Shiny Shelf

The League of Extraordinary Gentlemen#2.2

By Stephen Lavington on 05 September 2002

As a relative newcomer to the world of comics I often ponder what it is that led me to start shelling out good money week after week for picture books made for kids. There are a number of answers; The Dark Knight Returns, the awesomely cool Ennis/Dillon John Constantine, the need to understand just what a ‘Crisis’ is and why the assertion that ‘Hawkman must be a pretty simple character. He’s just a man with the powers of a hawk surely?’ raised guffaws of mocking laughter. But foremost among these were the skills of Alan Moore. Watchmen, From Hell and Swamp Thing have all done their bit to topple me over the edge but picking up the collected editions of the first ‘League of Extraordinary Gentlemen’ was the final straw. And now Moore’s doing it all over again.

The plot of the latest adventures of Mina Murray, Alan Quatermain, Captain Nemo, Hawley Griffen (The Invisible Man) and Henry Jekyll/Edward Hyde were foreshadowed in the last panel of their first serial, and Moore and artist Kevin O’Neil have fulfilled all expectations with an awesome rendering of H G Wells introduction to the Martian invaders of War of the Worlds. The titanic space capsule, the invisible heat-ray and the ‘lumps of afterbirth’ of the Martians themselves all rendered perfectly with the wide-eyed wonder and terror of the Victorian crowds at the crash site expertly captured on paper.

The byplay of the individual Leaguers is also written brilliantly, from the delicate but firm leadership of Mina Murray to Quatermain’s bombastic cowardice to the scatological, profane but still recognizeably Victorian outbursts of Edward Hyde. Indeed, the internal politics of the group is of greater importance in this second run, whereas the first primarily concerned itself with their recruitment and battle with Fu Manchu, this one already has skullduggery and conflict at its heart.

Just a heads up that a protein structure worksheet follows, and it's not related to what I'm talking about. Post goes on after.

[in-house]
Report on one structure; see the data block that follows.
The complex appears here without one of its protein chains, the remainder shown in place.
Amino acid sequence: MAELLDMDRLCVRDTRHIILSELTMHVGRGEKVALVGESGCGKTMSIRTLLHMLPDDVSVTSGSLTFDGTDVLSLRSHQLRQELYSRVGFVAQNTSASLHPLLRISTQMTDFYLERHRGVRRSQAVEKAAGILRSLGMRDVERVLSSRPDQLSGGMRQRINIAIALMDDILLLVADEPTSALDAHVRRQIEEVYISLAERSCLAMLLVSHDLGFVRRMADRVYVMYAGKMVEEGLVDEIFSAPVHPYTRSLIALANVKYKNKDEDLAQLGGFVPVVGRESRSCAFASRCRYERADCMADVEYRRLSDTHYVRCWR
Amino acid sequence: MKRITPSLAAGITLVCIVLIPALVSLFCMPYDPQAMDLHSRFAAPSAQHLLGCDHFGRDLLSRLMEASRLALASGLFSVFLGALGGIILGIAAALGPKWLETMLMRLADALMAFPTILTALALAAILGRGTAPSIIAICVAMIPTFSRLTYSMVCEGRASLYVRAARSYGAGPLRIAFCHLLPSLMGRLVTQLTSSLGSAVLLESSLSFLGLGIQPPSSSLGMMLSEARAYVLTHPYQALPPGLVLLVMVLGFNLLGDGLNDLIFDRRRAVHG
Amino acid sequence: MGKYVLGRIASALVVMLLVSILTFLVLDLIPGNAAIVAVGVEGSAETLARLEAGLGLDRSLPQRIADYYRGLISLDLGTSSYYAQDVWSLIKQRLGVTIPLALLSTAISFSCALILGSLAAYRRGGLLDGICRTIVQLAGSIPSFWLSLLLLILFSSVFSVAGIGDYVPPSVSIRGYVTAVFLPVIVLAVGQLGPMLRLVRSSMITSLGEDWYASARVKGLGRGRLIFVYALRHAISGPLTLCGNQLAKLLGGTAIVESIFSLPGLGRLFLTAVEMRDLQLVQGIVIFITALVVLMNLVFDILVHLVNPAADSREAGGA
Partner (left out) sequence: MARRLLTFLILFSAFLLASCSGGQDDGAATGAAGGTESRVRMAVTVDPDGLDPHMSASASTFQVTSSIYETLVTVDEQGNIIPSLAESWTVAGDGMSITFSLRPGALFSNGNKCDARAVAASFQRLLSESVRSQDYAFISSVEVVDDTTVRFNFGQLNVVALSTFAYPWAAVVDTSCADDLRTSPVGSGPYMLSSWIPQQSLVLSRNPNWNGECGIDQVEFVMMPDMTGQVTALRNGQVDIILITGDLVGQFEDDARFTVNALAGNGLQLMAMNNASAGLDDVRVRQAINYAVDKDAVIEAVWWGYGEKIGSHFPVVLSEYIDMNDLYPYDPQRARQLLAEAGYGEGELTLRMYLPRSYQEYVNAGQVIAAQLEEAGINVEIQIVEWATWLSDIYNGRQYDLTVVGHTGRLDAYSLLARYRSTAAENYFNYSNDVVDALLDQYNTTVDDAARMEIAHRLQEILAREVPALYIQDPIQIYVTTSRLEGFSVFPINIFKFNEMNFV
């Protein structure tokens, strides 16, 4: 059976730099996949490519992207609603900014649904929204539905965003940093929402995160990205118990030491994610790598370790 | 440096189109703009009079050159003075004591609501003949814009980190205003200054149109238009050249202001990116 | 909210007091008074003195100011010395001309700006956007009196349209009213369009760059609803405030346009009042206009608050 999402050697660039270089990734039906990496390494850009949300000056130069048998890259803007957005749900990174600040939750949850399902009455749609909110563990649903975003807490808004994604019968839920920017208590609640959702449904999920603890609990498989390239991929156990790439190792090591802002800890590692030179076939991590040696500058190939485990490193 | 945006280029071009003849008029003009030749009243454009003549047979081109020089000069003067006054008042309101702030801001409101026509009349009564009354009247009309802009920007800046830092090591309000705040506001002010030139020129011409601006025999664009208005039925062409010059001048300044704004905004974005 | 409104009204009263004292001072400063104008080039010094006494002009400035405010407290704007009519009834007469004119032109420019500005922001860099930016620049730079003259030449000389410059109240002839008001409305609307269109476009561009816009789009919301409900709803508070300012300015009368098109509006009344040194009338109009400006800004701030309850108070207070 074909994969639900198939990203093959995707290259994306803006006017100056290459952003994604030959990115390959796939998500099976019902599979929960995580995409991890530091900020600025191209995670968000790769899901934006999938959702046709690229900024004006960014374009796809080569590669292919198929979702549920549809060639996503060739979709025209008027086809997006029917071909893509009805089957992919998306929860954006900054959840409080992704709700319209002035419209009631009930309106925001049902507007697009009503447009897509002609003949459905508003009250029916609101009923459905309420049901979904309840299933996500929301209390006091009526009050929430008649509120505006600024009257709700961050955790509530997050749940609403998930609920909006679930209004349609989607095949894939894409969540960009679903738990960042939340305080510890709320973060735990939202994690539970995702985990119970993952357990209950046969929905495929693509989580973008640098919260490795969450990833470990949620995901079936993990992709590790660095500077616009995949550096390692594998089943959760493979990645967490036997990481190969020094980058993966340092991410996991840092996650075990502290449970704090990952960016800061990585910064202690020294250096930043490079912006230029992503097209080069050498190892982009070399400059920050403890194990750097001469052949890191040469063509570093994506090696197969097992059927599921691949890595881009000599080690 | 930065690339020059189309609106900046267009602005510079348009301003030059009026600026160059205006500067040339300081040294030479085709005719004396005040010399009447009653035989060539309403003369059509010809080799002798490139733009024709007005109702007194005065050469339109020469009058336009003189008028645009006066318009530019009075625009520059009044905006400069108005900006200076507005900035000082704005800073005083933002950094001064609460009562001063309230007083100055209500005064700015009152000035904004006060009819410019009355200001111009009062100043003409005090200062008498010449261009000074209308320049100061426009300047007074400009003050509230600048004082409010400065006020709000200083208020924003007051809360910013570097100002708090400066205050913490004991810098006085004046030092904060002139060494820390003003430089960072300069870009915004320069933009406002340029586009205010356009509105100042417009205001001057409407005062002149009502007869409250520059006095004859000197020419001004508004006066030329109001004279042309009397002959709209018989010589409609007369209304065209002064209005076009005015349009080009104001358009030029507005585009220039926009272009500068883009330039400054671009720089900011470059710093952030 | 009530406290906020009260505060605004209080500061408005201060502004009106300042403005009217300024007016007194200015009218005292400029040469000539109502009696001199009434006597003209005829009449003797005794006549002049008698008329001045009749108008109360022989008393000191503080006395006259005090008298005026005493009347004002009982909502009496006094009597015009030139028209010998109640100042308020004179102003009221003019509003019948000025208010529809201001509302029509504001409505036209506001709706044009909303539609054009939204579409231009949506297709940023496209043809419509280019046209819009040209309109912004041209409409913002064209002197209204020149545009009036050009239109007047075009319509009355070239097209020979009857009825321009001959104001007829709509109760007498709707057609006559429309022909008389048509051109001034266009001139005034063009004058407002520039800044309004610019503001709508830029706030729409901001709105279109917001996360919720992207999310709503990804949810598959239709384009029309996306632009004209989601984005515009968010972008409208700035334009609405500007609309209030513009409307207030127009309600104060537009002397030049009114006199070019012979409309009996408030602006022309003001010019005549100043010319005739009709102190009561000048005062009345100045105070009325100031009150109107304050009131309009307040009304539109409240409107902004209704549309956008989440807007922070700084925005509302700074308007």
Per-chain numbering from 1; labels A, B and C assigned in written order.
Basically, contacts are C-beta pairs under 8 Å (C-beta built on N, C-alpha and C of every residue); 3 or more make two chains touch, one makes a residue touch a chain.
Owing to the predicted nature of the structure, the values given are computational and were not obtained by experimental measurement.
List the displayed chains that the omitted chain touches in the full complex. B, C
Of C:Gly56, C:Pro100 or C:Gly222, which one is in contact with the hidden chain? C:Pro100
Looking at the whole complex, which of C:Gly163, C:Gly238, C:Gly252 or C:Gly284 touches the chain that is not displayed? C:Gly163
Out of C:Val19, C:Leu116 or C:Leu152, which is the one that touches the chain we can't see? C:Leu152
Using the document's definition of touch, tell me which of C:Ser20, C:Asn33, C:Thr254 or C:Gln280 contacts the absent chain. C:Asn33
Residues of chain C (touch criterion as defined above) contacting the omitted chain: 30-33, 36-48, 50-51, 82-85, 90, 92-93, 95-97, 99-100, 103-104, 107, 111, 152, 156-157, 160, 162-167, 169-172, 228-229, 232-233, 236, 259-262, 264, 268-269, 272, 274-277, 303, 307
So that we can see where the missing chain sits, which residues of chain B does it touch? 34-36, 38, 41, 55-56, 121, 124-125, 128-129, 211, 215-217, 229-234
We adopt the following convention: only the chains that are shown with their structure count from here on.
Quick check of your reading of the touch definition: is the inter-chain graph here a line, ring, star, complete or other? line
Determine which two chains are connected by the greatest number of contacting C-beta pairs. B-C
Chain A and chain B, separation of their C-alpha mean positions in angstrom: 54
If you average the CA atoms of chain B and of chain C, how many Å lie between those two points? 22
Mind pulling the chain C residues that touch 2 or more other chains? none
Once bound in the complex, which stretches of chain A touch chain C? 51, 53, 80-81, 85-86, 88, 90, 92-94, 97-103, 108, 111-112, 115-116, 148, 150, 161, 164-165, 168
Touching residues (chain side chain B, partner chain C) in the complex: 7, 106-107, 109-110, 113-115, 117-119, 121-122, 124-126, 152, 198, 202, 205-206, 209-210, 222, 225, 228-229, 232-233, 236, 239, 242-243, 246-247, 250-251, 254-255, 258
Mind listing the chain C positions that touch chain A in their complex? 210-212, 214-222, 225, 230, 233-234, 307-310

The references to contemporary fiction are still there, though slightly reduced in the main story – after the myriad cameos in the first series one might wonder that there are any characters or settings of Victorian literature left to plunder. However, Moore swiftly confounds this with the comic’s second section; basically (a compendium of pretty much every period science fiction/ fantasy story ever written correction ends) brought together in the world of the League. What is best about this are the tangential references to other adventures of the League, as well as its earlier incarnations and foreign equivalents, adventures that are likely never to be fully told.

The League… provides a rich continuity, but one based on something other than a seventy year accumulation of superhero storylines. It is nice to recognize a pub sign from a Dickens novel, or the protagonist of a Powell/Pressburger film in a well written and beautifully drawn comic, a conceit that gives undeniably widespread appeal to committed comics fans and newbies alike.

Admittedly there are a lot of superhero team-up comics out there, but the setting of this one, not to mention the separate non-comic provenances of the characters, really sets this one apart. You would have to be an active hater of comics to have a reason not to buy this, and even then you’d be missing out on a great piece of work; an absolute must for both devoted comics fans and newbies like myself.

But please don’t bother telling me about Carter Hall, Kator Hol, Egyptian princes, archaeologists, Hawk Avatars or bloody Thanagar. I’ve heard enough to last me a lifetime.

Line Break

By Stephen Lavington

Comments are closed.